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European Art
Artist: Antoine Caron, French, 1521–1599

The Triumph of Mars

ca. 1570

Oil on panel

unframed: 72.7 × 118.4 cm (28 5/8 × 46 5/8 in.)
Leonard C. Hanna, Jr., Class of 1913, Edwin J. Beinecke, Class of 1907, Archer M. Huntington, Class of 1897, and Mrs. Gile Whiting Funds
Based on an ancient Roman military procession, The Triumph of Mars is in fact an elaborate allegory of the evils of conflict, executed as the Wars of Religion (1562–98) were ravaging France, pitting Protestants against Catholics. Here, the Roman god of war, Mars, sits on a pile of trophies from conquered adversaries as his cart is drawn through a pillaged landscape by a personification of Fury and two fierce horses, Destruction and Devastation. Around them are the figures of Famine, Blasphemy, and Cruelty.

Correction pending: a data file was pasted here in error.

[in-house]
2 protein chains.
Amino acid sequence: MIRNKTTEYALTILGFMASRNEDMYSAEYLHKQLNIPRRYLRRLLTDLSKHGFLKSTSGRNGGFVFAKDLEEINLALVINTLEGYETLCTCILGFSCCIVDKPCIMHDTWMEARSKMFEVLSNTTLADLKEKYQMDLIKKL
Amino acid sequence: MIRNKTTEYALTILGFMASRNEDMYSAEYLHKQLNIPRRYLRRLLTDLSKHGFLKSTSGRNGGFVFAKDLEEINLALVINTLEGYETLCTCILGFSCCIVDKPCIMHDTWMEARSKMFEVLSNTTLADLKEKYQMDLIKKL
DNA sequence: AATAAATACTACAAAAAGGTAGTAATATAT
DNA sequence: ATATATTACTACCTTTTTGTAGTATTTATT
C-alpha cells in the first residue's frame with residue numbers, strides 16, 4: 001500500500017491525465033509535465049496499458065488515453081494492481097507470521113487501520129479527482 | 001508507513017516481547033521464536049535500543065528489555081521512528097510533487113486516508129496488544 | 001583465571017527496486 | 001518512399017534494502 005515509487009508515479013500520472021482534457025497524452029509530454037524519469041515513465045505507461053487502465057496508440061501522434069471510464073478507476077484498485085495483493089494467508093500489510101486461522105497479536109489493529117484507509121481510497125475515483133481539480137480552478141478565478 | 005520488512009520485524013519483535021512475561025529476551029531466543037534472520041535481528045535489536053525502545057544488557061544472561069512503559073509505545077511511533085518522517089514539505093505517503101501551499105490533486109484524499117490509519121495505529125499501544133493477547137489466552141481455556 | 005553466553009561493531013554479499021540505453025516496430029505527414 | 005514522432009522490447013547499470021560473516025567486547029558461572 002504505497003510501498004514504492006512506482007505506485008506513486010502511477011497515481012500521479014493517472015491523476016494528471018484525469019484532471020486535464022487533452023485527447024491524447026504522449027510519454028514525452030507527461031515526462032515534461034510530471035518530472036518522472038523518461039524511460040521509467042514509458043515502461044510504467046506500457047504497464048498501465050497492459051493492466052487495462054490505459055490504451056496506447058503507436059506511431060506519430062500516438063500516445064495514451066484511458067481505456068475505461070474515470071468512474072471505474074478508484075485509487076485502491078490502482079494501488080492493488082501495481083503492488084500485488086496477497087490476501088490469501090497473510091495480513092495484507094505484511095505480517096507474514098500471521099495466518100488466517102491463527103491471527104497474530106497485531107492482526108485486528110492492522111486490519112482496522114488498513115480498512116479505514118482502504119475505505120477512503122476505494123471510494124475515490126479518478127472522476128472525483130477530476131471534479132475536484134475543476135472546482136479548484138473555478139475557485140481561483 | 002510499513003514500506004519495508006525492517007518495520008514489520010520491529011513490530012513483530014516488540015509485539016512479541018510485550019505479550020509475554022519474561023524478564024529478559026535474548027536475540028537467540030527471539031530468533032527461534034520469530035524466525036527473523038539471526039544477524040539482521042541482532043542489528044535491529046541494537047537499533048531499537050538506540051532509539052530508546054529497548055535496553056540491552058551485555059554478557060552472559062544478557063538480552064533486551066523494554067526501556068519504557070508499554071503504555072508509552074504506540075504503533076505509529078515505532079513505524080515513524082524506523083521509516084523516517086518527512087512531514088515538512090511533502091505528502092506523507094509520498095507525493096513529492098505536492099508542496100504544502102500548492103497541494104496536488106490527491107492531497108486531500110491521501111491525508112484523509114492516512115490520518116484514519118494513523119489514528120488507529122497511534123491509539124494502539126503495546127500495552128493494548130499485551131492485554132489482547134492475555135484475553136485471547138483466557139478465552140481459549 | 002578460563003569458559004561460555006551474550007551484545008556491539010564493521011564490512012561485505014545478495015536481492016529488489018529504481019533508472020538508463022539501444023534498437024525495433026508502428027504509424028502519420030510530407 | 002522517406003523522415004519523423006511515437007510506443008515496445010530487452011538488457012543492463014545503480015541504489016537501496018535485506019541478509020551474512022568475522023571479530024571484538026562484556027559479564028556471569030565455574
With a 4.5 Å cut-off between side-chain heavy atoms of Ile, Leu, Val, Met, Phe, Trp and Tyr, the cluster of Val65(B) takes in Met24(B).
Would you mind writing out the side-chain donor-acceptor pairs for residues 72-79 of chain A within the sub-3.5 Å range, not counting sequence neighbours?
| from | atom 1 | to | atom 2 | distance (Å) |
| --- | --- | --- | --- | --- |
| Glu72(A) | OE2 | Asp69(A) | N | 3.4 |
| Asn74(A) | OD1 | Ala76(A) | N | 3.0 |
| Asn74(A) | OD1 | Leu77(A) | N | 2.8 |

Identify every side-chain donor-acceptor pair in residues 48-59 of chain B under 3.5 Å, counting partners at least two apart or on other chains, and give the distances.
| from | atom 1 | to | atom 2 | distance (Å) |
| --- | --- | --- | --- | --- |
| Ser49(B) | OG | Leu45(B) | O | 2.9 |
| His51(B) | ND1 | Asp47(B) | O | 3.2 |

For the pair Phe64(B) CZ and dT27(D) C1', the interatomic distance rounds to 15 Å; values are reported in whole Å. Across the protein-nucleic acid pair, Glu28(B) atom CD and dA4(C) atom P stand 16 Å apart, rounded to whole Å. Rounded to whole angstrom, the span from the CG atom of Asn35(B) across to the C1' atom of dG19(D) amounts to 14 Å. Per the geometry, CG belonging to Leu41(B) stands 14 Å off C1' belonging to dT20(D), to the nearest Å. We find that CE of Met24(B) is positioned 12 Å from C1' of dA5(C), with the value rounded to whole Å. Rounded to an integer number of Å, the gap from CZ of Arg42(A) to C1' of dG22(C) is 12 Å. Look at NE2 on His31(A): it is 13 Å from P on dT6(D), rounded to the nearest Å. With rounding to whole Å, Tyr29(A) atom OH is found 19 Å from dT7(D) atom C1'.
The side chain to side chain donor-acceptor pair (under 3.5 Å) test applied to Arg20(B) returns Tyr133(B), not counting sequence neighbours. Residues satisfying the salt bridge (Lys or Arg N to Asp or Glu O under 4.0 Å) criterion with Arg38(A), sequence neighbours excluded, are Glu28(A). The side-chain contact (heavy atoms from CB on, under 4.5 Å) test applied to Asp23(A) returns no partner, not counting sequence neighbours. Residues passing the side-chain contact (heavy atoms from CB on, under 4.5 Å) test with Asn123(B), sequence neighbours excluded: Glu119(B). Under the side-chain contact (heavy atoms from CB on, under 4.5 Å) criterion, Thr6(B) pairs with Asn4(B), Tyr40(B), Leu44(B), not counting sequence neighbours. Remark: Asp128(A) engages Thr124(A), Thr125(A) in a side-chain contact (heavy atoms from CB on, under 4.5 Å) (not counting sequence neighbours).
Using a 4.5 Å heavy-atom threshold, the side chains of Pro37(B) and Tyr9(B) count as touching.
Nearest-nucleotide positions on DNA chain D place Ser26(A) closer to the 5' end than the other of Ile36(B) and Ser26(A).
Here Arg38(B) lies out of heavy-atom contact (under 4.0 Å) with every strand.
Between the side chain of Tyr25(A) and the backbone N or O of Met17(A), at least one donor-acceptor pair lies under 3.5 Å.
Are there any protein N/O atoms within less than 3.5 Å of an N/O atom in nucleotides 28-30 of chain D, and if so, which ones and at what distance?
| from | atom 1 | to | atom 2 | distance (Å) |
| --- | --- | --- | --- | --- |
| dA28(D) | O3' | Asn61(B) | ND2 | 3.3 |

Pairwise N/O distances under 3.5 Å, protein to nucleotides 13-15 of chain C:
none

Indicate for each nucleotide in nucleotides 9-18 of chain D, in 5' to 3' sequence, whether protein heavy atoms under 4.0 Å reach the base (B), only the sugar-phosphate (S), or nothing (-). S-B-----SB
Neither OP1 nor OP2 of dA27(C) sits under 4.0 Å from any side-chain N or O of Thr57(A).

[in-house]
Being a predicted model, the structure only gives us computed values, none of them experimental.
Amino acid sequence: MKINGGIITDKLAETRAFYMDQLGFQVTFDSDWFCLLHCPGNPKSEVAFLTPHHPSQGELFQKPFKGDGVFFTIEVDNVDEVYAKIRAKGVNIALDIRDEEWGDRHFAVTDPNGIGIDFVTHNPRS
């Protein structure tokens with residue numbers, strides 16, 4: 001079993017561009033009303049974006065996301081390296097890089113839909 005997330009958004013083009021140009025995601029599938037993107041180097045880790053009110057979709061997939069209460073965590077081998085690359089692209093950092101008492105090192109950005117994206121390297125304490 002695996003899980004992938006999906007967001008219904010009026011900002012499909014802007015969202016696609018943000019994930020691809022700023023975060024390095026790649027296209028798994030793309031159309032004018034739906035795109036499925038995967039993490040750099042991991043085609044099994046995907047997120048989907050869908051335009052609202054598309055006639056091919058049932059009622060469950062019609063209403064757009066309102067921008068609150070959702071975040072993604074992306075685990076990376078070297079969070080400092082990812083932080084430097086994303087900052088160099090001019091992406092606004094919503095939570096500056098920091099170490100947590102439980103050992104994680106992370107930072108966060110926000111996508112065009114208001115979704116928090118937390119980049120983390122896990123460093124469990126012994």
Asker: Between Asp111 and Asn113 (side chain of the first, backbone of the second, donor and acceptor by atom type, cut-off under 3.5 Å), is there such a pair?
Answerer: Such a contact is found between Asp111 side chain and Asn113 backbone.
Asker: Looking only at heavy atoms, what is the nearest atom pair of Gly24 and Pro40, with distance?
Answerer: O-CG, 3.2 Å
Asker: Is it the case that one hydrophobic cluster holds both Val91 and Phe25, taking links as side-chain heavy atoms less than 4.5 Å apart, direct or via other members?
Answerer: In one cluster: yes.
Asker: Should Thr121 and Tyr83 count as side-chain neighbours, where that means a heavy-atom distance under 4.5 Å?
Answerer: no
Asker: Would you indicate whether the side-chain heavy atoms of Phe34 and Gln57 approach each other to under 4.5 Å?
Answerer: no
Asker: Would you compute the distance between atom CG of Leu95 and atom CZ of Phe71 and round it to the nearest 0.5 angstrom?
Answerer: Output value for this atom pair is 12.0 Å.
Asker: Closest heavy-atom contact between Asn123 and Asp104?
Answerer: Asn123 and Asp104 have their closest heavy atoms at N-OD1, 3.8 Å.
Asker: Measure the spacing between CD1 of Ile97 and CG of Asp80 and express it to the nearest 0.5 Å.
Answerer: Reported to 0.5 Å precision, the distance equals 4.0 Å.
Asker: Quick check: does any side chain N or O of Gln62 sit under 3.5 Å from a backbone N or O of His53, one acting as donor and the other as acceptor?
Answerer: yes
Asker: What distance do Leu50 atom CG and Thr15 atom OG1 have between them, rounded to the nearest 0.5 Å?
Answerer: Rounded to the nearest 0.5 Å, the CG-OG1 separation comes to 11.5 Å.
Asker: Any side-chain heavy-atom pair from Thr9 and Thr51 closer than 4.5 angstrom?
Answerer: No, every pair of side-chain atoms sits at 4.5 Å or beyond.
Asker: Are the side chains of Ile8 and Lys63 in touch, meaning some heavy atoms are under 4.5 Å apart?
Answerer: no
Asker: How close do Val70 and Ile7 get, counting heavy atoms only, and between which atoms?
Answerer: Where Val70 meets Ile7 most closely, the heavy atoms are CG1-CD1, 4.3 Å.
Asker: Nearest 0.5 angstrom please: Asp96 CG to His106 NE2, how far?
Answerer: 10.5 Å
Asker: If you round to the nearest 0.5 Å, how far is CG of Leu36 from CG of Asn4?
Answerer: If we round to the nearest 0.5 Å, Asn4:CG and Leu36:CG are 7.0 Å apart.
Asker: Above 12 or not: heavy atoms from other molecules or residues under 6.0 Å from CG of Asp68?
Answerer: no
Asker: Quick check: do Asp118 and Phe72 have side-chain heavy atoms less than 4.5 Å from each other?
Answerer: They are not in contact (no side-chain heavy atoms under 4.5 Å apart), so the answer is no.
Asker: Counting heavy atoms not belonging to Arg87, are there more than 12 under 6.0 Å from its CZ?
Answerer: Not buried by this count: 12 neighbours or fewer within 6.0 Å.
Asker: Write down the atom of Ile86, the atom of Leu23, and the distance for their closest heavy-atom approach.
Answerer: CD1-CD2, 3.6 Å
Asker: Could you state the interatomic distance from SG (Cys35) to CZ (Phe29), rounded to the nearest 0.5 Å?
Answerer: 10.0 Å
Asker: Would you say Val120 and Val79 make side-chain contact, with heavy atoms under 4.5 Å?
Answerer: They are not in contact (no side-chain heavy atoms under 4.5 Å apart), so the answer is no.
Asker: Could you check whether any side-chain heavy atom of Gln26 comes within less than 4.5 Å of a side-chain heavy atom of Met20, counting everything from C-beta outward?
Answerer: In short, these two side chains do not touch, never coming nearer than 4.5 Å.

On view
16th century

The Hague sale, Netherlands, 1942 (as Maerten van Heemskerk, "Mars"); Sotheby's London Sale, 12 December 1973, lot #8 (sold as "The Property of a Lady"); Julius H. Weitzner, London, until May 1974.

Note: This electronic record was created from historic documentation that does not necessarily reflect the Yale University Art Gallery’s complete or current knowledge about the object. Review and updating of such records is ongoing.